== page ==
Scully: one fight stopped after Donchak pushed Ramirez away.
10:45 On redirect,
Scully says Shen. Police Officer Moyer's partner on July 12 was Piekarsky's mother's boyfriend, Jason Hayes.
Scully said Piekarsky's shoes were blue and gray and that his were white.
Scully's testimony has concluded.
11:14 DA Jim Goodman calls Colin Walsh to the stand
Walsh: I have been charged under a federal civil rights statute under the Fair Housing Act.
Walsh: my understanding is I would be sentenced to four years on my federal charge if I co-operated and testified.
Walsh: Scully made the "late to be out" and racial comments. I also cursed at Ramirez.
Walsh: I wasn't scared of Ramirez because "he was smaller than us and there were six of us."
Walsh: after the first fight, Roxanne Rector and Victor Garcia were trying to calm Ramirez down.
Walsh: Scully continued making comments, and Ramirez attacked him.
Walsh: me, Piekarsky, Donchak and Scully kicked the fallen Ramirez.
Walsh: I took Ramirez down with a solid "uppercut hook" and saw him hit his head
Walsh: Piekarsky kicked Ramirez in the head while he was down.
Walsh: "It wasn't right what (Piekarsky) did, kicking a man when he was down."
Walsh: after we fled the scene, a man showed up, pointed a gun at us and said "what you did wasn't cool."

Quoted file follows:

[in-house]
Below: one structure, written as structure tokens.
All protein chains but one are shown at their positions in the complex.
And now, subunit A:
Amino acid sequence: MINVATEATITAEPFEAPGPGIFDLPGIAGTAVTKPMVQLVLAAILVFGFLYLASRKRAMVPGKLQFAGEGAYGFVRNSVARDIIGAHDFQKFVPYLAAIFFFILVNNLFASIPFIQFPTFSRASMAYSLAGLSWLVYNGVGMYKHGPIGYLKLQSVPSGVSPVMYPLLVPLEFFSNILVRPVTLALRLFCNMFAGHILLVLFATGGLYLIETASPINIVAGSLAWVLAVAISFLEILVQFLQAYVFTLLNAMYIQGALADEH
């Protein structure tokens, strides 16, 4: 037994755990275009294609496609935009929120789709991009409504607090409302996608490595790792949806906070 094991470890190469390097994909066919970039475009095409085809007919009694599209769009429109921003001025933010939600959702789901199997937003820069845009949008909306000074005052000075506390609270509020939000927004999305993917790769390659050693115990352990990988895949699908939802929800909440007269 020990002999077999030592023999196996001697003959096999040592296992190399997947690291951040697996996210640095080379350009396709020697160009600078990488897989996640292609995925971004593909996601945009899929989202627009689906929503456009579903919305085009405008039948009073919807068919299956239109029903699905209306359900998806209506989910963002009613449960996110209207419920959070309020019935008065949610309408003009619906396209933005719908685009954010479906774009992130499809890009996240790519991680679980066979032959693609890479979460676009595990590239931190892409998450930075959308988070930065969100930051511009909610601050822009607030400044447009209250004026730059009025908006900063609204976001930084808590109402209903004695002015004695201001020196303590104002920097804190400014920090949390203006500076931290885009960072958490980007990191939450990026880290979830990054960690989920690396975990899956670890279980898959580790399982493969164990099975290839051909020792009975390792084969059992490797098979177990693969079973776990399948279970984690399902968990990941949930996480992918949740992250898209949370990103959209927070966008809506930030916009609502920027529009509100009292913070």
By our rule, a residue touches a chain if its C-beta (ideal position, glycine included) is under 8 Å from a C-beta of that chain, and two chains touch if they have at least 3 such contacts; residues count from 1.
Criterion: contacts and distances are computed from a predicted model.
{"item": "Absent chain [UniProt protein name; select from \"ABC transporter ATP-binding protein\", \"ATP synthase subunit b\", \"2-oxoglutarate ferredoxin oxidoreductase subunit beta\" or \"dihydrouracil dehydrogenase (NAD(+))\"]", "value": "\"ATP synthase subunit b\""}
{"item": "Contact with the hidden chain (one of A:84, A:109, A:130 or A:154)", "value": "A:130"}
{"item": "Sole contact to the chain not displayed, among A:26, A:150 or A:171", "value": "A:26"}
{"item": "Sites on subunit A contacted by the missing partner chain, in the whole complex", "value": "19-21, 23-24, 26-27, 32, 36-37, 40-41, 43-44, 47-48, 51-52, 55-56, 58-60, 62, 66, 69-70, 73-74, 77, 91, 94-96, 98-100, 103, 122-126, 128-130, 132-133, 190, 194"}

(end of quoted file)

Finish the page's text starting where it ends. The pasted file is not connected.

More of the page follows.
Walsh: Jason Hayes gave Piekarsky a ride back to the scene that night. Piekarsky told police Ramirez started the fight and omitted the kick.
Walsh: Piekarsky's mother, Tammy, told us that Hayes told her Ramirez was Life Flighted and we better get our story straight.
Walsh says Donchak later showed him a small piece of metal and said he was lucky he had it.
Walsh: Tammy told us our stories were inconsistent with Rector's version of events.
Walsh: Officer Moyer asked me if I talked to the other guys "meaning did I get my story straight."
Walsh: I gave a false statement saying Ramirez threw the first punch and minimizing the racial aspects.
Walsh on Piekarsky's kick to Ramirez's head: "I was right next to him."
Fanelli is grilling Walsh on how he violated Ramirez's federal housing rights.
Fanelli: "Tell me how a 17-year-old violated a man's housing rights."
Walsh: our actions intimidated other Latinos from wanting to move into the area.
Walsh has repeatedly said the federal record makes it clear he plead guilty to aiding and abetting crimes by the group as a whole.
Walsh: my understanding of federal sentencing guideline Rule 5K.1 is if I testify truthfully my sentence can be reduced.
Fanelli: so you have to impress a federal prosecutor to get a sentence reduction?
Walsh: "I don't have to impress anyone. I'm willing to take the nine years."
Fanelli has asked both of today's witnesses about the color of Scully's and Piekarskys's shoes.
Walsh said Scully's shoes were white and Piekarsky's shoes were gray.
Walsh: I saw no kick-and-miss by Scully.
Walsh says his punch on Ramirez wasn't a sucker punch: "I looked him right in the eye."